Özcan Pehlivan1, M Ömer Arpacıoğlu2, Ahmet Kıral1, İbrahim Akmaz1, Mahir Mahiroğulları1, Haluk Kaplan1

1Department of Orthopedics and Traumatology, GATA Haydarpaşa Training Hospital
2Department of Orthopedics and Traumatology, Medicine Faculty of Gaziantep University

Keywords: Bone nails; braces; fracture fixation, intramedullary/ methods; fractures, closed; humeral fractures; range of motion, articular.


Objectives: We retrospectively compared the treatment results of functional bracing and locked intramedullary nailing for humeral shaft fractures in two similar patient groups.
Patients and methods: Sixty-seven patients were treated conservatively with a prefabricated functional brace (group 1, n=35, mean age 34 years) or surgically with a locked intramedullary nail (group 2, n=32, mean age 37 years) for acute, isolated, and closed humeral shaft fractures. The average time from injury to treatment was five days (range 2 to 11 days) in group 1, and four days (range 1 to 7 days) in group 2. The results were assessed according to the Constant-Murley shoulder scoring system. The mean follow-up was 15.2 months in group 1 and 16.3 months in group 2.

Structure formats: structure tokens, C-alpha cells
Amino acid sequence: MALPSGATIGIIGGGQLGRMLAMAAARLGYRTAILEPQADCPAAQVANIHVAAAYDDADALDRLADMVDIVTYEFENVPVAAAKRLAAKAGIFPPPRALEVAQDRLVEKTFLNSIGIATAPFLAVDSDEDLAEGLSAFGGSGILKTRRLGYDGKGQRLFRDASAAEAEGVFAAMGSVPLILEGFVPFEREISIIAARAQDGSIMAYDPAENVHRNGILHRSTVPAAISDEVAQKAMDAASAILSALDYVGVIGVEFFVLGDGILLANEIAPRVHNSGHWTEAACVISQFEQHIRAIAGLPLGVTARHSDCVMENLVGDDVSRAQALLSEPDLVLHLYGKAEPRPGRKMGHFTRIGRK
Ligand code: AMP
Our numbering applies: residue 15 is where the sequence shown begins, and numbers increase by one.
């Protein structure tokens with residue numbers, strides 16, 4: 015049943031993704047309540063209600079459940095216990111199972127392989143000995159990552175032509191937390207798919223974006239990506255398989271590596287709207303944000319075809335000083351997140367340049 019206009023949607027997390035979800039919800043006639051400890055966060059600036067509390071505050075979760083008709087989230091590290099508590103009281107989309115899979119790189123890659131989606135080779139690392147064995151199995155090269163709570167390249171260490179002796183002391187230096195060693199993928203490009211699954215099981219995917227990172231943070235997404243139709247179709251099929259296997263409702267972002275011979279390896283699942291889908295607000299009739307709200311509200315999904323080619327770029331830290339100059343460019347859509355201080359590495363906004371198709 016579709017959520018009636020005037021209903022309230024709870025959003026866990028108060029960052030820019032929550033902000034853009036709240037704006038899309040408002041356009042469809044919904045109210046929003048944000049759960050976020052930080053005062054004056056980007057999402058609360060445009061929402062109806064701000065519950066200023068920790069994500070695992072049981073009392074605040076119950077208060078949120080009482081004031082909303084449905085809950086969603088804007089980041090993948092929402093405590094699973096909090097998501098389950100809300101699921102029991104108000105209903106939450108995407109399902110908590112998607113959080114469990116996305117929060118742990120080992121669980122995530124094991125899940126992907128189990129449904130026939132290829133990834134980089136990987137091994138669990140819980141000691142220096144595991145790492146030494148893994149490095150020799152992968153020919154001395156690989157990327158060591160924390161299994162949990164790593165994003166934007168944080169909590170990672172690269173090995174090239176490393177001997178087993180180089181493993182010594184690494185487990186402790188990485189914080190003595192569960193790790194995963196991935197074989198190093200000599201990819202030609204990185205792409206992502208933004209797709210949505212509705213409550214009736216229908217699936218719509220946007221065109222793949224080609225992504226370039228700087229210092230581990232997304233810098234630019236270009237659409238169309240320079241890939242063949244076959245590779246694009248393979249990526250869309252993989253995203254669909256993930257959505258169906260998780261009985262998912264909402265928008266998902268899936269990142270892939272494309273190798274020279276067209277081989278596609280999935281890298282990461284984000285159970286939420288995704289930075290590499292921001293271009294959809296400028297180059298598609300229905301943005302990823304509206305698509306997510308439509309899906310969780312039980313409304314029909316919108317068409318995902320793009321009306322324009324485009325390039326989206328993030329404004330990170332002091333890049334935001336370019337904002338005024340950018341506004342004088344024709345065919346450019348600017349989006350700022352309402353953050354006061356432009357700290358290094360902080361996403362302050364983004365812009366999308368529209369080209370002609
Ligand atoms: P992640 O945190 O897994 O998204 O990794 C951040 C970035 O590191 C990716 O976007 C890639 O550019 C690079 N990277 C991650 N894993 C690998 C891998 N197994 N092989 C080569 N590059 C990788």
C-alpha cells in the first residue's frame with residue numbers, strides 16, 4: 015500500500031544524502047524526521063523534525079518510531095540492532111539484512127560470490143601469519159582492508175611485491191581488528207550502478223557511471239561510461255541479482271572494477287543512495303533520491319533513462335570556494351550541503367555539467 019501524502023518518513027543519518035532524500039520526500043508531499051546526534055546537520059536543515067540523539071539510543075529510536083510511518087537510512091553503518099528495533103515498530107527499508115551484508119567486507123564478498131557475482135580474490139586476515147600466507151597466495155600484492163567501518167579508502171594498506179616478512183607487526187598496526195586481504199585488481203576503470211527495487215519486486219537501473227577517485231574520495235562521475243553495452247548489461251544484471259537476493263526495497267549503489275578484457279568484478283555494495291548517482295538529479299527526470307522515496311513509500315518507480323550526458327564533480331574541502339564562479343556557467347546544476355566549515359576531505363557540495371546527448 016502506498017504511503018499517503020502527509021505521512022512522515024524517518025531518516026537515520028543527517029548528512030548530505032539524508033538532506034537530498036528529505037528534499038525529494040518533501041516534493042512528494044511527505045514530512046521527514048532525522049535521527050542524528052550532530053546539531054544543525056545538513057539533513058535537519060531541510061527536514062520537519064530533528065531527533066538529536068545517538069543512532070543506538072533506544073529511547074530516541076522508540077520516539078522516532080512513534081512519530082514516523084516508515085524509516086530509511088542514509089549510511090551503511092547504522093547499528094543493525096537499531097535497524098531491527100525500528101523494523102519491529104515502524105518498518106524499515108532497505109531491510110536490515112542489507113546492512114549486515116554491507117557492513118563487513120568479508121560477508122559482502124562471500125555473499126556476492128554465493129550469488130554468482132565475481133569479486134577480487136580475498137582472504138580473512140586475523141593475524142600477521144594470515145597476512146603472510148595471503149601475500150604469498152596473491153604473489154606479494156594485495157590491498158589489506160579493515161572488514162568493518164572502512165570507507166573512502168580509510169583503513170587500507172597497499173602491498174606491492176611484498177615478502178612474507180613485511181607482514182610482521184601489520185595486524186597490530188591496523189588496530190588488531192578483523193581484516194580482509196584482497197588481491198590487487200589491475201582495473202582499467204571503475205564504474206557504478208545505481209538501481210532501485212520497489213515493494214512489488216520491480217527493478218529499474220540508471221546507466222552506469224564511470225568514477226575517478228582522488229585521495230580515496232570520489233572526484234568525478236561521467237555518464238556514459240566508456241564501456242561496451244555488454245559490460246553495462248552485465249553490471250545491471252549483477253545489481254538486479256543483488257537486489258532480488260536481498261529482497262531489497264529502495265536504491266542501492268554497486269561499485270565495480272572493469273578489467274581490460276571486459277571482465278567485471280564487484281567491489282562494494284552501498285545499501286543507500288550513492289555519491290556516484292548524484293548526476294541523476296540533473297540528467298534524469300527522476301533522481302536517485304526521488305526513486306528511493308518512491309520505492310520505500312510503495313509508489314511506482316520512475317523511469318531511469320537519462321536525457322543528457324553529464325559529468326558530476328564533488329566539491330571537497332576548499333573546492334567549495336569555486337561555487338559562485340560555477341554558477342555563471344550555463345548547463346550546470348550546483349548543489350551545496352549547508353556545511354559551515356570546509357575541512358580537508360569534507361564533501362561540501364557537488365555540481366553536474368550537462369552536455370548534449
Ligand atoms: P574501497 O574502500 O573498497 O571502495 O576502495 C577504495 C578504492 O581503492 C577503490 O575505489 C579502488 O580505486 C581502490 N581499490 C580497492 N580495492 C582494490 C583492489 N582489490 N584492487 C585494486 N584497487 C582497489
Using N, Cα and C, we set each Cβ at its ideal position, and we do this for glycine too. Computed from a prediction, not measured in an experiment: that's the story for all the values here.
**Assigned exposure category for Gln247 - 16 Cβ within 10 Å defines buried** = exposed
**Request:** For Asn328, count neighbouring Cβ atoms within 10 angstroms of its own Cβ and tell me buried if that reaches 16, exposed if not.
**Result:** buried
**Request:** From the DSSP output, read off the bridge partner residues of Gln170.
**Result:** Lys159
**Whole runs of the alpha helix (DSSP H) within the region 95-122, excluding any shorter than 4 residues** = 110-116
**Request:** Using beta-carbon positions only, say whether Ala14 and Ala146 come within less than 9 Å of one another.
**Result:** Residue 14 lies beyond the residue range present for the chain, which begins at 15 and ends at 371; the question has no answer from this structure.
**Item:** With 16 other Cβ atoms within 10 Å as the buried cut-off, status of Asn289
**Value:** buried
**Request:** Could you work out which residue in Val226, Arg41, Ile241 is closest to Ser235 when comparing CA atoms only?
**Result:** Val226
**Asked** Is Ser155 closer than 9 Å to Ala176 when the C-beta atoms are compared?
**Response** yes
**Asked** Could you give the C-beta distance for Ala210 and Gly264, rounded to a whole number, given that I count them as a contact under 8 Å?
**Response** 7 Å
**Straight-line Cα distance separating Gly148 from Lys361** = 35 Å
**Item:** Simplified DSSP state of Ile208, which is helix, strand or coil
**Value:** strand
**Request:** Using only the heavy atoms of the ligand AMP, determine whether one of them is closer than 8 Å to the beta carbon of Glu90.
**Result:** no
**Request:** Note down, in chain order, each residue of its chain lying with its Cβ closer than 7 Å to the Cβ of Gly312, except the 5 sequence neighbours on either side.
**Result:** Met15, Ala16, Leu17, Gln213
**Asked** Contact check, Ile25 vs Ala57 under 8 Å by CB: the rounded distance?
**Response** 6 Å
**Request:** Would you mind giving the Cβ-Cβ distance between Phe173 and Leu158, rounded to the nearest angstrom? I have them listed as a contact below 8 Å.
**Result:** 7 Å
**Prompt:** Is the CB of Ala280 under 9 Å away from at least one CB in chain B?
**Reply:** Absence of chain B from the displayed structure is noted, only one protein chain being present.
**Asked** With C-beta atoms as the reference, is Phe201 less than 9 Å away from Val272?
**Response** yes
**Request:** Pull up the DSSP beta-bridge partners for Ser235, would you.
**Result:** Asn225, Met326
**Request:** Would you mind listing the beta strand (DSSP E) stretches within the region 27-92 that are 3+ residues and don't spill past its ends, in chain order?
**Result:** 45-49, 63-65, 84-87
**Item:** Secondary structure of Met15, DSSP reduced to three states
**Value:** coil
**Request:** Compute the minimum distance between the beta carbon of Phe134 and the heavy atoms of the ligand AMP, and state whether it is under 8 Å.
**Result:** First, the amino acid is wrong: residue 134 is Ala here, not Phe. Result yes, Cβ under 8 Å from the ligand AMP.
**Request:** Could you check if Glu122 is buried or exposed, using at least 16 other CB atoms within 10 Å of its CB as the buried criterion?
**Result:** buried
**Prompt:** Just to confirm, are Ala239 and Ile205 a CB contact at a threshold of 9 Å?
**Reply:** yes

Results: Hospitalization was significantly shorter in group 1 (mean, 7 days versus 21 days; p=0.001). The average time to union was 13.4 weeks in group 1, and 13.9 weeks in group 2 (p=0.5). Eleven patients (31.4%) and two patients (6.3%) developed an average varus angulation of 8.5° and 5° in group 1 and 2, respectively. Three patients (8.6%) had apex-anterior angulation (mean 7°), and one patient (2.9%) had 4° apex-posterior angulation in group 1. Three patients (8.6%) in group 1, and two patients (6.3%) in group 2 had abduction losses of less than 10°. External rotation of the shoulder decreased by less than 10° in two patients (5.7%) in group 1 and in two patients (6.3%) in group 2. Shortening (range 5 to 20 mm) developed in four patients in group 1. One patient (2.9%) with a transverse fracture developed nonunion in group 1. Prominence of the proximal end of the nail was seen in two patients (6.3%), one of which required removal. The results were all excellent or good in both groups, with an average score of 86.5 in group 1, and 85.9 in group 2 (p=0.7).
Conclusion: Although both methods offer satisfactory results in the treatment of humeral shaft fractures, we recommend functional bracing as the method of choice unless it is contraindicated.